Here is more data for my pilot friends (2015/Total):
Landings: 53/1047 (Ask me how many of these were good….)
It is always a great day to meet-up with a bunch of other aviators and aviation enthusiasts and today was a excellent opportunity to do that. I had planned to attend this event for the last couple of months and was glad to be able to attend. The weather was decent and it looked like a few clouds and patchy fog might delay us but when I looked at the weather forecast first thing this morning I was confident that we wouldn’t have any issues. Bryan and I met a friend Jake L. at the Chesterfield County Airport (KFCI) at 7AM and headed north to Frederick in Saratoga N111RW. We flew up on an IFR flight plan but only encountered a few areas of clouds. As expect we had to deal with quite a few other planes as we got close to the airport and when we were handed off from Approach to Tower Control there was a little confusion because there was VFR traffic paralleling us in. We took the right of way and landed ahead of them as the Mooney in front of us was turning off the runway.
After parking and securing the plane we started exploring. Jeff & Bryan attended a seminar on engines while Jake checked out the vendor tent. After that Bryan got to enjoy the Kid’s area for a bit which was very well done with bounce houses and other activities. A quick tour through the vendor tent with a couple of interesting finds but without spending too much money is always good thing. We then met back up with Jake for lunch where a bunch of food trucks gave us a great selection. Bryan and I both had a piece of pizza and shared some tater tots. After lunch we explored a bit more and looked at the static aircraft displays. The Breitling Jet Team did a few flyovers and Mike Goulian performed an aerobatic routine which was very good. Here are the links to a couple of videos that I took of the Breitling Jet Team: Video 1, Video 2. We wanted to get good seats for Rod Machado’s presentation, which is always a favorite. He has a knack of having a humorous presentation that you still learn something from. After Rod’s presentation we spent a little time back in the Kid’s area and then returned to the main tent for the AOPA Town Hall which included updates from Mark Baker, president and CEO of AOPA, FAA Dep. Admin. Michael Whitaker and NTSB Chairman Chris Hart. They did a great job of succinctly updating us on the current issues they are all working together on including ADS-B and 3rd Class Medical reform. It was very interesting.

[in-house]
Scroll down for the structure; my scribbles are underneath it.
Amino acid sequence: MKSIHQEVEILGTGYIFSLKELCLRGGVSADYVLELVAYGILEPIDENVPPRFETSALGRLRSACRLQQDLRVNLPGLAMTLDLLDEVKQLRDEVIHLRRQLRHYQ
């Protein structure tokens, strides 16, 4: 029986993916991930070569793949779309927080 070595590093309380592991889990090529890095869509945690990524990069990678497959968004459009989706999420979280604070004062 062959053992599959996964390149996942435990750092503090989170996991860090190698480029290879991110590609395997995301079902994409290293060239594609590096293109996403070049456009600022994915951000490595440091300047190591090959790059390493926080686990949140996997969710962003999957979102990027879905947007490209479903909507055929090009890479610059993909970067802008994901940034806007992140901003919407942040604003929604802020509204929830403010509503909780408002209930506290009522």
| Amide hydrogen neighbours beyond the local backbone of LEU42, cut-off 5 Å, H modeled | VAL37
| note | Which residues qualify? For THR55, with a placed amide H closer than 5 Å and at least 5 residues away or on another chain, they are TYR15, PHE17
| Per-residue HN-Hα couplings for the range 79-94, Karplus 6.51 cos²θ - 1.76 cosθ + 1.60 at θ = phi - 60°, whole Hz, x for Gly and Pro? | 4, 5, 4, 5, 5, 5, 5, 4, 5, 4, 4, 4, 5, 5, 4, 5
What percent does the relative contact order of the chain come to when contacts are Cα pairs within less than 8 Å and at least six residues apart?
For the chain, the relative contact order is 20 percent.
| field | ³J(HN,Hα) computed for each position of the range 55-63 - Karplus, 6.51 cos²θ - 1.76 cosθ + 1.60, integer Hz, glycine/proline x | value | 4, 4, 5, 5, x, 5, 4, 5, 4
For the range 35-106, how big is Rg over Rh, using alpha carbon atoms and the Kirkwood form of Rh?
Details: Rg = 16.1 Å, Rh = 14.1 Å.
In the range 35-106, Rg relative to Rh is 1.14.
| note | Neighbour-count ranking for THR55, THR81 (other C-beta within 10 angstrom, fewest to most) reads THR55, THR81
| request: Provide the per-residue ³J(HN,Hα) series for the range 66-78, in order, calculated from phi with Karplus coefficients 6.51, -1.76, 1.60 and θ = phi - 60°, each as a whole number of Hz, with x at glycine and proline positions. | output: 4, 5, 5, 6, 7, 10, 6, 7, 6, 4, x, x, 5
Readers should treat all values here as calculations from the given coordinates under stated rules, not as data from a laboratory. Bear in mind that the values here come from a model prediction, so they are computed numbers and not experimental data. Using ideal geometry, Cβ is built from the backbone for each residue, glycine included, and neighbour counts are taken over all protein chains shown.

The last mission of the day was to enjoy the free ice cream! While eating ice cream I ended up having a nice conversation with Melissa Rudinger who is AOPA Vice President Government Affairs and one of the hosts of the weekly AOPA Live. Earlier in the day Bryan and I met Tom Haines’ who is the Editor in Chief and Sr. Vice President Media and the other host of AOPA Live. Both were very nice and I thanked them for the work they do for us.
We then made our way back to the plane, did a quick pre-flight and briefed the departure procedures. We would depart west VFR to the Martinsburg VOR and then pickup the IFR flight plan that I had filed from Martinsburg back to Chesterfield. Everything went as plan and we leveled out at 2000 under the cloud deck while we picked up the clearance. In short order we were cleared to 7,000 and direct to KFCI. We went through a few clouds but didn’t really get bumped around too much. I topped off the day with an ILS approach into Richmond Executive Airport with Jake as my Safety Pilot. We put the Saratoga back in the hangar, and cleaned the bugs off the cowling and leading edges. It was such a great day and I was glad to be able to share it with both Jake and Bryan!
We have already been home from Spring Break for a month but I wanted to make sure I wrote about our awesome Spring Break in Florida this year. We had such an enjoyable time and it was really hard to come back from. We left Richmond after the kids got out of school on Good Friday and flew to Wilmington, NC (KILM). We spent a nice evening seeing the sites from the city we used to live in. We saw our old house, went to Wrightsville Beach where Lori and I got engaged and had dinner at Flaming Amy’s, which was one of our favorite places to eat. The reason we went to Wilmington is we were planning to fly another Pilots N Paws mission on our way down to Florida. Jack the Border Collie needed to get to Florida and he would join us on our trip down the following day.